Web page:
Christ’s death results in life. Jesus explained, pre-cross, that He had to die in order for others to live. This is true, as any good doctrine of the atonement or a discussion of double-imputation can prove. Jesus sowed seeds of blood that have yielded a crop of believers going on two thousand years now. And the first full resurrection was His own.
Christ’s life now exists on a higher plane than this present world. Jesus left the earth but is still with us, in Spirit. Therefore, His concerns are overwhelmingly spiritual, not earthly. This is not to say He does not care about Covid, or your electric bill, or your final exam in math class. He does, He is a loving God. But He is mainly concerned about matters of holiness and righteousness. He wants to see those who see Him partaking in worship, discipling the nations, and loving one another.
Christ is rewarded in Heaven. We cannot see Him now, but one day we will crown Him with many crowns. His trophy case will be full, and it is doubtful there will be any golden hammers there for winning “Carpenter of the Year.” Such prizes give a temporary high, but one that does not last higher up.
Do you “wish to see Jesus” in this way, not as some Santa Claus in the sky, but as a real man who really died to prove He really is God, the God who demands complete worship and comprehensive discipleship? See Jesus, then take a second look at the Son of God. Now take an honest look at yourself.
A Call to Discipleship
To understand Christ, you have to absorb the things He said about Himself. To understand Christianity, you have to apply them to yourself. Here is a clarion call to Christian discipleship.
The Christian must be fully committed to God’s glory. Lot’s wife turned back, and she died. Achan took back, and he died. Ananias and Sapphire held back, and they died. God will not settle for half of you, and you cannot know and enjoy God until you are fully committed to His glory. As Westminster informs us, “The chief end of man is to glorify God and enjoy Him forever.” Christian faith is sacrifice, trust, obedience, and the joy of pleasing God.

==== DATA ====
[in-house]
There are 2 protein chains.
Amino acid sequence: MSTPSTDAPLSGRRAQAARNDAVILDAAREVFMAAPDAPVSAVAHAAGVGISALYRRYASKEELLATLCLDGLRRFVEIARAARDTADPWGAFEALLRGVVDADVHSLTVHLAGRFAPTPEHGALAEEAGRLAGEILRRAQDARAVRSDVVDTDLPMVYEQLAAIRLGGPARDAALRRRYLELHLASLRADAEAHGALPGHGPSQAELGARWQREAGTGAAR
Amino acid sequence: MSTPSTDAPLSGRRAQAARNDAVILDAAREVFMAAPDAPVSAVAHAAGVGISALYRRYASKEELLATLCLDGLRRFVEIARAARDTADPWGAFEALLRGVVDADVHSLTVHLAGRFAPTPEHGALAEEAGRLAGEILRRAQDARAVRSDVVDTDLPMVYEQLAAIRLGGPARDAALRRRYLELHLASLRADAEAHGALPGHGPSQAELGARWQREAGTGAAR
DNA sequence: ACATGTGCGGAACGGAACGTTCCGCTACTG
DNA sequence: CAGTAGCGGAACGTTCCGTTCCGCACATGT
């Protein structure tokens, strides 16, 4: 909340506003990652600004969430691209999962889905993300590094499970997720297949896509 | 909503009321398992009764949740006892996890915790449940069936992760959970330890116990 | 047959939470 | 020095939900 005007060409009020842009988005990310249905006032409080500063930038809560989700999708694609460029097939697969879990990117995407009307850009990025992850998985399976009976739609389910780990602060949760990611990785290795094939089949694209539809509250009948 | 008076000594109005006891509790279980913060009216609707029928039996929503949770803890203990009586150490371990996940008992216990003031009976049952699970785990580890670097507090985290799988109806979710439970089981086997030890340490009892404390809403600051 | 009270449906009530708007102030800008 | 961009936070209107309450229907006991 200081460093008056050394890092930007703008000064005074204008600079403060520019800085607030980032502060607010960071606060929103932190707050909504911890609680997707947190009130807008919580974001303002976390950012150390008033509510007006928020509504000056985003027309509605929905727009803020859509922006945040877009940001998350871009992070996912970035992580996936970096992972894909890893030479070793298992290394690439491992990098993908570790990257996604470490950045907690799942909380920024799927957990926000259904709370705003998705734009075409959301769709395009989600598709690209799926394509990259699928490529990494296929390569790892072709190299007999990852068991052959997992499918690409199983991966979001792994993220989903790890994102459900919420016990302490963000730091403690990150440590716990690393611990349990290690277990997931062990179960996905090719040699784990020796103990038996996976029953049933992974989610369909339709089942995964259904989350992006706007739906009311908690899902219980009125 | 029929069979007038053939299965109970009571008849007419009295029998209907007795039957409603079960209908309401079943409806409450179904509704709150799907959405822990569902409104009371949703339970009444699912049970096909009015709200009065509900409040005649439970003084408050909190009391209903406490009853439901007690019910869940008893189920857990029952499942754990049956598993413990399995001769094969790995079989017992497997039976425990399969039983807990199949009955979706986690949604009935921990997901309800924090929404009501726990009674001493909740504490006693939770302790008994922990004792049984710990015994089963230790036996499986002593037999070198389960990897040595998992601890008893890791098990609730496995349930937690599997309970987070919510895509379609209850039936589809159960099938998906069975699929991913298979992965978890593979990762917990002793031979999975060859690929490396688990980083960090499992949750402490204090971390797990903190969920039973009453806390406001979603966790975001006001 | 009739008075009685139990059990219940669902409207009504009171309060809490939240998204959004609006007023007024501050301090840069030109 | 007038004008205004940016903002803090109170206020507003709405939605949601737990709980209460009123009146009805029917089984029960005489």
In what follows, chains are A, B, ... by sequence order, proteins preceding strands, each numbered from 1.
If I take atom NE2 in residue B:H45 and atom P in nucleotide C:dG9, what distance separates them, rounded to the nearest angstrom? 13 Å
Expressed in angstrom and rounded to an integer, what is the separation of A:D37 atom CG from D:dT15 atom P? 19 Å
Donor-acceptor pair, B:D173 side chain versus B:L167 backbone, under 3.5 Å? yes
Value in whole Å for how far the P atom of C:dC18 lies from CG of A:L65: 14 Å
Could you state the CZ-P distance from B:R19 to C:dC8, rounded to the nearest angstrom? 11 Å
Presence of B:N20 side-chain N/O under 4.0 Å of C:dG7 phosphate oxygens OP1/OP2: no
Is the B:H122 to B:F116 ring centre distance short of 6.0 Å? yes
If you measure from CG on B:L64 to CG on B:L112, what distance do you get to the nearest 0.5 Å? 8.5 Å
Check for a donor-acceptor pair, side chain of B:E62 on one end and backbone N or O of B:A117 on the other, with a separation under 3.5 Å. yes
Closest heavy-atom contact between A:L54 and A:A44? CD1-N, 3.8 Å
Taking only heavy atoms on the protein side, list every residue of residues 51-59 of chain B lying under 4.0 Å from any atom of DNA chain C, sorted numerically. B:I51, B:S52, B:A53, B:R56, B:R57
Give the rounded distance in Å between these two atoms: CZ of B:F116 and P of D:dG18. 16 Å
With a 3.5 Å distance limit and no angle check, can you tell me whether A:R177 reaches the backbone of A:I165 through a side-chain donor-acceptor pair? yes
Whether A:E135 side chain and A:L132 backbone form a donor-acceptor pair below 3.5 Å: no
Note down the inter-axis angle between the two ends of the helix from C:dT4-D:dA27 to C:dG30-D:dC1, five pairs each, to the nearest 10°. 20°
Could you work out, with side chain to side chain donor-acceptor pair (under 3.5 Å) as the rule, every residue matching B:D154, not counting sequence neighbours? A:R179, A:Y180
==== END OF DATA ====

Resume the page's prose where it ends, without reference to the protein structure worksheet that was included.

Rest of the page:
The Christian's death results in life. Jesus repeatedly admonished those who would be His disciples to take up their own crosses and follow Him. Paul taught we must die to ourselves to have life in Christ. And it is our many crosses, our many deaths, our many sacrifices, that bear the fruit of other souls coming to Christ as well. Do those closest to you know you are so close to Christ than they can see your cross?
The Christian’s life now exists on a higher plane than this present world. Jesus, James, and John taught us to love God and His kingdom far above any earthly loves. Some of these sayings are cloaked in hyperbole and contrast, but the meaning is clear. If you love anything more than the Lord Jesus Christ, then you don’t love the Lord Jesus Christ.
The Christian is rewarded in Heaven. God has not come to us to give us glory, and He will not accept our works for salvation. But if you are saved by grace through faith in Jesus Christ, you will get an astounding reward: honor. Do you know what it feels like to be honored by your spouse, your children, some school or organization? Imagine what it will be like to be honored by God, when you see Him face to face.
You can wish for an understanding of economics and investments, make a lot of money, and leave it all behind when you die. You can wish for fame, notoriety, and practically nobody will remember you two days after you are gone. Or, you can say, “We wish to see Jesus,” come to Him on His terms based on His word and live for Him in this life, and this flicker of a life will give way to an amazing, unimaginable place of glory and honor. The glory is all God’s, but the honor can be all yours.
Do be careful what you wish for.
Dr. Charles F. "Chuck" DeVane, Jr., is the Pastor of Lake Hamilton Baptist Church in Hot Springs, Arkansas. His weekly sermon article, "The Gospel Truth," has been published in newspapers in Arkansas and Georgia. Dr. DeVane is a graduate of Gordon-Conwell Theological Seminary and has served in the pastorate for over 20 years. Contact Pastor Chuck at PastorChuck@lakehamiltonbaptistchurch.org